Posts: 3391
Joined: Wed Feb 09, 2005 1:49 am

RE: Chances Of A Double-deck, Single Aisle Aircraft?

Sun Feb 15, 2015 9:00 pm

The cross section of the fuselage is key to two parameters that influence aircraft efficiency:

1. Total area of the cross section
2. Weight of the fuselage

I am skeptical as whether a double-decker single aisle can do better than a single-decker twin-aisle in these two categories.
I do not consume Murdoch products including the Wall Street Journal
 
User avatar
TheRedBaron
Posts: 3276
Joined: Tue Mar 29, 2005 6:17 am

RE: Chances Of A Double-deck, Single Aisle Aircraft?

Sun Feb 15, 2015 9:28 pm

Quoting LOWS (Reply 7):
I could see Ryanair taking a couple hundred...

and put 3-3 on upper deck and 4 - 4 on the lower one...yuk!

TRB
The best seat in a Plane is the Jumpseat.
 
Cipango
Posts: 1498
Joined: Wed Jul 22, 2009 3:55 pm

RE: Chances Of A Double-deck, Single Aisle Aircraft?

Sun Feb 15, 2015 9:36 pm

Quoting TheRedBaron (Reply 14):
and put 3-3 on upper deck and 4 - 4 on the lower one...yuk!

TRB

Thankfully this isn't allowed.

You must be no more than 2 seats away from the aisle.
Let's fly! Unless it's on a CRJ 200, then I'll stay down here.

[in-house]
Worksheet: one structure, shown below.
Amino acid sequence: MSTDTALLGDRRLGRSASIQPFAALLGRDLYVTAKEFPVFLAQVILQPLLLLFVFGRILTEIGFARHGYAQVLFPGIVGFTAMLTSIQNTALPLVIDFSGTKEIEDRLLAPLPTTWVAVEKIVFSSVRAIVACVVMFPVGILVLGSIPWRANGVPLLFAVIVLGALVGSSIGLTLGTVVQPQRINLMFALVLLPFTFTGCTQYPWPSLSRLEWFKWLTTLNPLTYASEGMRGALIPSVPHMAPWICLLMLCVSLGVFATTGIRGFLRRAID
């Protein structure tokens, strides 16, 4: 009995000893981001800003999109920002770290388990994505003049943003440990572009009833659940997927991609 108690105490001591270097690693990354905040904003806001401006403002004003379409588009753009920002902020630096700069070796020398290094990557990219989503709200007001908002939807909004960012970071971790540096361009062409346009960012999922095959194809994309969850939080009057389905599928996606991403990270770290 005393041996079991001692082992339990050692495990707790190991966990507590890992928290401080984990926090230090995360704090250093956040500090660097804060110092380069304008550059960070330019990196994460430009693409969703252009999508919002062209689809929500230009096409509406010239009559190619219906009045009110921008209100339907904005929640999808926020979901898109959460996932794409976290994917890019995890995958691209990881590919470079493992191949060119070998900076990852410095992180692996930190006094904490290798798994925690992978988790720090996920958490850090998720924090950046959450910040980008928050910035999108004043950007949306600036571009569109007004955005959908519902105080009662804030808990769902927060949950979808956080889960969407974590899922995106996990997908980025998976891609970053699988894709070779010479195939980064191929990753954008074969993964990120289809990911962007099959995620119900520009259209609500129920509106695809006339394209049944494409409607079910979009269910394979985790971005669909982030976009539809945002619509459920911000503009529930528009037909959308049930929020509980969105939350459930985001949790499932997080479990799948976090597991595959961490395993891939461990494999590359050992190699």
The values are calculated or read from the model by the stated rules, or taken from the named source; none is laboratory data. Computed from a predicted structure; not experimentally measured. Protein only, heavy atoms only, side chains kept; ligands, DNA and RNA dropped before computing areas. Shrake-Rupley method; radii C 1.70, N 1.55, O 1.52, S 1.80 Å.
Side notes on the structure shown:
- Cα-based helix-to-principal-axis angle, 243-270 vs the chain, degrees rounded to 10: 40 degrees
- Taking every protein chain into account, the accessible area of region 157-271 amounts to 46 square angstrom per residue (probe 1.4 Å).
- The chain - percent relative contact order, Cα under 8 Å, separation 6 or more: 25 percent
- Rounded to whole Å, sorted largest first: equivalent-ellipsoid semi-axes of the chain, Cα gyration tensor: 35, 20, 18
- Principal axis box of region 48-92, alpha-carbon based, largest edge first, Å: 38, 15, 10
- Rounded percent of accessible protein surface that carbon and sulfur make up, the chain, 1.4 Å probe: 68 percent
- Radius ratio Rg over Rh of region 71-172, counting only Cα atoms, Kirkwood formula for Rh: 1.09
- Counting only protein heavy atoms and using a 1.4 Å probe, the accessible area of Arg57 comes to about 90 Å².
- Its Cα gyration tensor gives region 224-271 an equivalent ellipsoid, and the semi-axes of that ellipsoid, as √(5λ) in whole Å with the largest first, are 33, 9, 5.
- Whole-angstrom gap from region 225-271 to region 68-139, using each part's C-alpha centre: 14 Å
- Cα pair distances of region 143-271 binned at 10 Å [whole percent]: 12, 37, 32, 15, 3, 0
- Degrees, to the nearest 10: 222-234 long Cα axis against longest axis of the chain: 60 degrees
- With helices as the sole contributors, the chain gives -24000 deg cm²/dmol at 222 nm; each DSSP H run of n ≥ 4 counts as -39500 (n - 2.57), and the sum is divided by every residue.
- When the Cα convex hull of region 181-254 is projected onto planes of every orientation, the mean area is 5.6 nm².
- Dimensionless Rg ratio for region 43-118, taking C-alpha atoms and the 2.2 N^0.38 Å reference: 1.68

User avatar
Btriple7
Posts: 1207
Joined: Tue Sep 06, 2005 3:58 am

RE: Chances Of A Double-deck, Single Aisle Aircraft?

Sun Feb 15, 2015 9:56 pm

See Reply 1 from this thread: A380/ B747 - Two-decks Question (by BubbleFrog Dec 15 2014 in Tech Ops)

Quoting Matt6461:
The pre-747 double-decker was basically two 707's stacked on top of each other. Aside from looking weird, this would have some serious disadvantages versus a 747:
-no or low revenue cargo volume
-difficult and weighty to pressurize
-still a single aisle design, so cramped pax layout for long haul

Those first two objections could be raised against the A380 as well of course. I think the difference (between pre-747 DD and A380/MD-12/NLA study) is as follows:

-double deckers have economies of scale in aerodynamics (less wetted area) and structure (shorter moment arm for equal pax load)
-these are counterbalanced by pressurization difficulty (assuming non-circular cross section) and loss of cargo
-When a single deck layout of somewhat-circular cross section reaches a size where you're flying too much air in the crown over your single deck, you then face a choice of either (1) accepting this waste of pressurized volume or (2) adopting an elliptical cross section with longest axis on horizontal (think of an A380 sideways). If the elliptical fuselage saves more weight and drag, despite pressurization difficulty, than a circular (or double-bubble), then you're already at s a size point where one of the big disadvantages of a double-decker has passed. Plus, the double decker can use floor beams to reinforce the ellipse's hoop stress laterally, whereas this would be problematic in the vertical direction through the cabin on the single deck. Finally, the double decker would more efficiently use the same pressurized volume for a given ellipse (the single deck would still have air in the crown, just less of it than if circular).